To prohibit the child labour in India Nobel Prize winner Kailash Satyarthi took an initiative. He is the founder of Bachpan Bachao Aandolan (BBA), an organisation dedicated towards the eradication of child labour and rehabilitation of the rescued former child workers. The former President Pranab Mukherjee launched a “100 million for 100 million” campaign, that was conceptualized by Noble Peace Prize winner Kailash Satyarthi, to end child labour, child slavery, violence against children etc.
Educated citizens can contribute significantly in spreading the word about the harmful effects of child labour. High income group families can pool in funds to support the education of poor children. Schools and colleges can come up with innovative teaching programmes for the poor children . The principal of ‘Each one, teach one’ can be followed. Children of the support staff (peons, clerks etc.) of schools and colleges can offered free education.
The Indian Government enacted many laws to protect child rights, namely the Child and Adolescent Labour (Prohibition and Regulation) Act, 1986, the Factories Act, 1948, the Mines Act, 1952, the bonded Labour System Abolition Act and the Juvenile Justice (Care and Protection of Children) Act, 2000. Most of these Acts prohibit the employment of children below the age of 14 years in factories, hazardous occupations or in bondage. The Right of Children to Free and Compulsory Education Act, 2009 mandates free and compulsory education to all children in the age group of 6 to 14 years. Apart from this, it also reserves 25 per cent seats in every private school for Economically Weaker Sections (EWS) of the society.
The National Policy on Child Labour, 1987 looks into the rehabilitation of children working in hazardous occupations. Article 39 of the Indian Constitution declares the duty of the state to provide the children the facilities to develop in a healthy and congenial environment and in conditions of freedom and dignity. In May 2015, the government approved a proposal allowing children below 14 years of age to work in family enterprises or entertainment industry with specific conditions. Key international laws dealing with child labour include the UN Convention on the Rights of the Child (CRC) 1989 and the International Labour Organisation (ILO) Conventions on the Minimum Age for Admission to Employment of 1973 and on the Worst Forms of Child Labour of 1999. Indian government has ratified both the ILO Conventions which deals with the minimum age for admission to employment and with prohibition of the worst forms of child labour. In July 2016, the Parliament has passed the Child Labour (Prohibition and Regulation) Amendment Bill 2016. This Act amends the Child Labour (Prohibition and Regulation) Act, 1986, by widening its scope against child labour and provides for stricter punishment for violations. This Act completely banned employment of children under 14 years in certain occupations like bidi-making, mines, powerlooms, domestic work etc and also provides for the rehabilitation of children.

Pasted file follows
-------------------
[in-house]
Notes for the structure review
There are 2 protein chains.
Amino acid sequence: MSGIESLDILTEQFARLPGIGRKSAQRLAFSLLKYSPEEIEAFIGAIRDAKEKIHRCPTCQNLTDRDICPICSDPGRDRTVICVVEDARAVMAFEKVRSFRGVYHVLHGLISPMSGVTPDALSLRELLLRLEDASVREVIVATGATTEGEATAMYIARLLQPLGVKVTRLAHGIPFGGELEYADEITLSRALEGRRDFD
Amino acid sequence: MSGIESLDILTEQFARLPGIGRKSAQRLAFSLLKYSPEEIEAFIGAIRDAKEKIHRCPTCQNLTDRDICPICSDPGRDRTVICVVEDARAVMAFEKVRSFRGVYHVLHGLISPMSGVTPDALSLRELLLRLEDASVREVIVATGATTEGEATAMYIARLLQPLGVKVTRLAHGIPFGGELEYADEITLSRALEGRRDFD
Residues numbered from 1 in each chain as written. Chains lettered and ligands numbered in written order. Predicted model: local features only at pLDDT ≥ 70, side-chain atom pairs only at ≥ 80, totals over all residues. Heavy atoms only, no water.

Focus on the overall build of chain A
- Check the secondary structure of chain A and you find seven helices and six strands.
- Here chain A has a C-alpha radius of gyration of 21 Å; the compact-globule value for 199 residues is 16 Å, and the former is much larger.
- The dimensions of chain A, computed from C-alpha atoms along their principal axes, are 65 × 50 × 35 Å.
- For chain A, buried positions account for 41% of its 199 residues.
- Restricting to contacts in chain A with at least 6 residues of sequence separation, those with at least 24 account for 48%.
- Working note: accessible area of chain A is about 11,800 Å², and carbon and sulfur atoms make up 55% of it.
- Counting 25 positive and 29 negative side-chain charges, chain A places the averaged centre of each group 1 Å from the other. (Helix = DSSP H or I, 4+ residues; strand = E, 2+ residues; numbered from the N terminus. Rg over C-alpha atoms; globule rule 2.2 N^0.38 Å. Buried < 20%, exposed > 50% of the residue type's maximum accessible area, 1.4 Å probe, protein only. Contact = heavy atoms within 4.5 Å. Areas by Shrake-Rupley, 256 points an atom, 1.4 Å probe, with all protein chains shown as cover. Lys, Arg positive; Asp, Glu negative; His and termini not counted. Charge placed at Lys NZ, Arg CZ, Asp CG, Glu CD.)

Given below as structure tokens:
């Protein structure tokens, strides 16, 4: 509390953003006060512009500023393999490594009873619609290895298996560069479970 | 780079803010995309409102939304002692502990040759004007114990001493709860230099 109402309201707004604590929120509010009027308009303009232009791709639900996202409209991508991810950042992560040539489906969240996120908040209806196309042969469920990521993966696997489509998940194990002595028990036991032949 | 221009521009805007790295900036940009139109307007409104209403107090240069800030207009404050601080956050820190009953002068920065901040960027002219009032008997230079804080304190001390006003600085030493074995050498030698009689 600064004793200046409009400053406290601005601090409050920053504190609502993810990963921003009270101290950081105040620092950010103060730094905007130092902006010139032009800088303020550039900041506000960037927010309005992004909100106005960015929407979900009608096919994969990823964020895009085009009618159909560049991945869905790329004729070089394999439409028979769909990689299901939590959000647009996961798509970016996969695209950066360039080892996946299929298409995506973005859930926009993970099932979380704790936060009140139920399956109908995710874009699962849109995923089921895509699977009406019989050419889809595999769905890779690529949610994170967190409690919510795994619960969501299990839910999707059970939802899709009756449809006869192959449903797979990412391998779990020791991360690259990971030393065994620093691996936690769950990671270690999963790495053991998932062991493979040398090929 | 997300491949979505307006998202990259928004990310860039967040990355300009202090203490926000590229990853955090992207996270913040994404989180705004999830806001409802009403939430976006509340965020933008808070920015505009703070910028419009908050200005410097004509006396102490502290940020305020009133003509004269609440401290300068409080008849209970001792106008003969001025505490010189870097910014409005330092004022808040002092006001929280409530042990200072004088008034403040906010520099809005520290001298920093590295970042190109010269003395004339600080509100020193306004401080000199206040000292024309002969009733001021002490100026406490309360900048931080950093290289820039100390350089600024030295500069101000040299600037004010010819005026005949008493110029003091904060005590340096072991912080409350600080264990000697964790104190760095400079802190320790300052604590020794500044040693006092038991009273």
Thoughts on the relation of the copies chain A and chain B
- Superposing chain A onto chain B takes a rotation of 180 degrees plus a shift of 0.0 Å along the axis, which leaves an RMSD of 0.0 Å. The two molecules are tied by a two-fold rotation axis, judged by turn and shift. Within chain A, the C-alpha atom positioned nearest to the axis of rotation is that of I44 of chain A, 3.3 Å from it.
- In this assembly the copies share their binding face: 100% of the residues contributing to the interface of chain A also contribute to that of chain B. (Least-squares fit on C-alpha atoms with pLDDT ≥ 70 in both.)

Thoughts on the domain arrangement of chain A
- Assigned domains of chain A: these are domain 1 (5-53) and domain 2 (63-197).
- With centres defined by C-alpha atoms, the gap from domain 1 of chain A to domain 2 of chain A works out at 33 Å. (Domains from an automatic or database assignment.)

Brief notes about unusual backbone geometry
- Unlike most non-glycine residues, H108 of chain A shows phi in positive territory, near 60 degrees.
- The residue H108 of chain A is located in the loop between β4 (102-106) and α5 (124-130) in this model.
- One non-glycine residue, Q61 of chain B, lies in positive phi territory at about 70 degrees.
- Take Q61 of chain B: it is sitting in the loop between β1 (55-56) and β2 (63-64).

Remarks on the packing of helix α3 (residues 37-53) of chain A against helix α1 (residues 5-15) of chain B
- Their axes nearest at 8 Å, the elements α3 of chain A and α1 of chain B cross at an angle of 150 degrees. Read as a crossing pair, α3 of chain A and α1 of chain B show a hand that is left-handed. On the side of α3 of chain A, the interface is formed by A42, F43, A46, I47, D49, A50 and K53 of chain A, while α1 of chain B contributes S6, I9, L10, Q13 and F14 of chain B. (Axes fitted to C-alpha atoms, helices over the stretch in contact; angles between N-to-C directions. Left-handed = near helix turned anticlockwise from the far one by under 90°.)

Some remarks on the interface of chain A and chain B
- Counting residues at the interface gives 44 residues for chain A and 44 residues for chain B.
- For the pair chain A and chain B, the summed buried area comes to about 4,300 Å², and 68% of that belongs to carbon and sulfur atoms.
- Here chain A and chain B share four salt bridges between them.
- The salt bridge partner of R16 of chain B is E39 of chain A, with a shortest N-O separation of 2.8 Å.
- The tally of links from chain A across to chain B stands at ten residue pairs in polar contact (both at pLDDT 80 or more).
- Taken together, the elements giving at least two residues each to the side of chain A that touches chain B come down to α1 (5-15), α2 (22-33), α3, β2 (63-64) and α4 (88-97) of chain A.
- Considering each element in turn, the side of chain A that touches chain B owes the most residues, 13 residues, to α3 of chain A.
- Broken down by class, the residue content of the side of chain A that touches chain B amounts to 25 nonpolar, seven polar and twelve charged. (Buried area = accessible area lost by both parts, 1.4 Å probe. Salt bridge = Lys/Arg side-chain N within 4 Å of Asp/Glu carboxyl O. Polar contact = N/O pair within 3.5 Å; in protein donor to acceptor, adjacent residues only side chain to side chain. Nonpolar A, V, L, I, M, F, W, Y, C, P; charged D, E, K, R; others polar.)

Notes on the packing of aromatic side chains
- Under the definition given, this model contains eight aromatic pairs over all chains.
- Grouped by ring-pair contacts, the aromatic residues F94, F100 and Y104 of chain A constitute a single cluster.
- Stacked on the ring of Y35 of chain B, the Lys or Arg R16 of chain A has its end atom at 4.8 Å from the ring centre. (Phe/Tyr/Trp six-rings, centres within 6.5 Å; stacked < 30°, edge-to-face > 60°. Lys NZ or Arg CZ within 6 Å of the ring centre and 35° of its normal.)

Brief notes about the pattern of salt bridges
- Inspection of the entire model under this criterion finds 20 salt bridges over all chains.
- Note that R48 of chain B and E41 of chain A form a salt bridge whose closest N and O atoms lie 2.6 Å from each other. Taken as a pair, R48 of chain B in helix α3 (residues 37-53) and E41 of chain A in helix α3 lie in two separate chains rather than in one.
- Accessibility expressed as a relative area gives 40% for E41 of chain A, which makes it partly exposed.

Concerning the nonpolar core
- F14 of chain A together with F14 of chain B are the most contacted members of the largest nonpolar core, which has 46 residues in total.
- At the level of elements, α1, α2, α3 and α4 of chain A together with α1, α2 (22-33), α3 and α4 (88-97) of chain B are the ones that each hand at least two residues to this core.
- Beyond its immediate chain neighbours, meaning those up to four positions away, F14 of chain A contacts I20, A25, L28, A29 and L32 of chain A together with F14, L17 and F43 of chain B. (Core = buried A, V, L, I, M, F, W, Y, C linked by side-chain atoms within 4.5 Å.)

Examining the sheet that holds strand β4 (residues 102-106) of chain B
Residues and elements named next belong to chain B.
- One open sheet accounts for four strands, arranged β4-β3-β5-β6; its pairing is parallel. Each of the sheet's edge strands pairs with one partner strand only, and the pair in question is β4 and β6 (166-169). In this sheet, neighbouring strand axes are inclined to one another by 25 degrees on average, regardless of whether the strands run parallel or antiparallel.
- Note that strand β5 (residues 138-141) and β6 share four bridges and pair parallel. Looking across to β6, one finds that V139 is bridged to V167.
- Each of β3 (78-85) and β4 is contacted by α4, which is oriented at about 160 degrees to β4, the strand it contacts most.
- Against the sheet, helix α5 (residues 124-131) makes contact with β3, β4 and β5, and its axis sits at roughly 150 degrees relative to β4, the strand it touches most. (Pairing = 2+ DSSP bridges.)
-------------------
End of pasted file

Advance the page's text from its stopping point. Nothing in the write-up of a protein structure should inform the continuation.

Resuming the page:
But there should be a total ban on the employment of small children in any activity other than going to school and getting educated. The government needs to ensure that it has foolproof laws and they are properly implemented and executed. Strict measures need to be taken against those who encourage child labour in any form. Children are the future of a country and it is the childhood which has a profound impact on the future of a child. So, it becomes the collective responsibility of the citizens, society and the government to provide them an environment which helps them to bring out the best of their capabilities, thus empowering them to participate in the nation building process. A nation full of poverty ridden illiterate children cannot make progress. It should be the collective responsibility of the society and the government to provide children with healthy and conducive environment which will help them to develop their innate capabilities and use their skills effectively.
The need of the hour is to expand the machinery for enforcing the various laws on the child labour. If child labour is to be eradicated from India, the government and those responsible for the enforcement need to do their jobs sincerely. Success can be achieved only through social engineering on a major scale combined with broad based economic growth.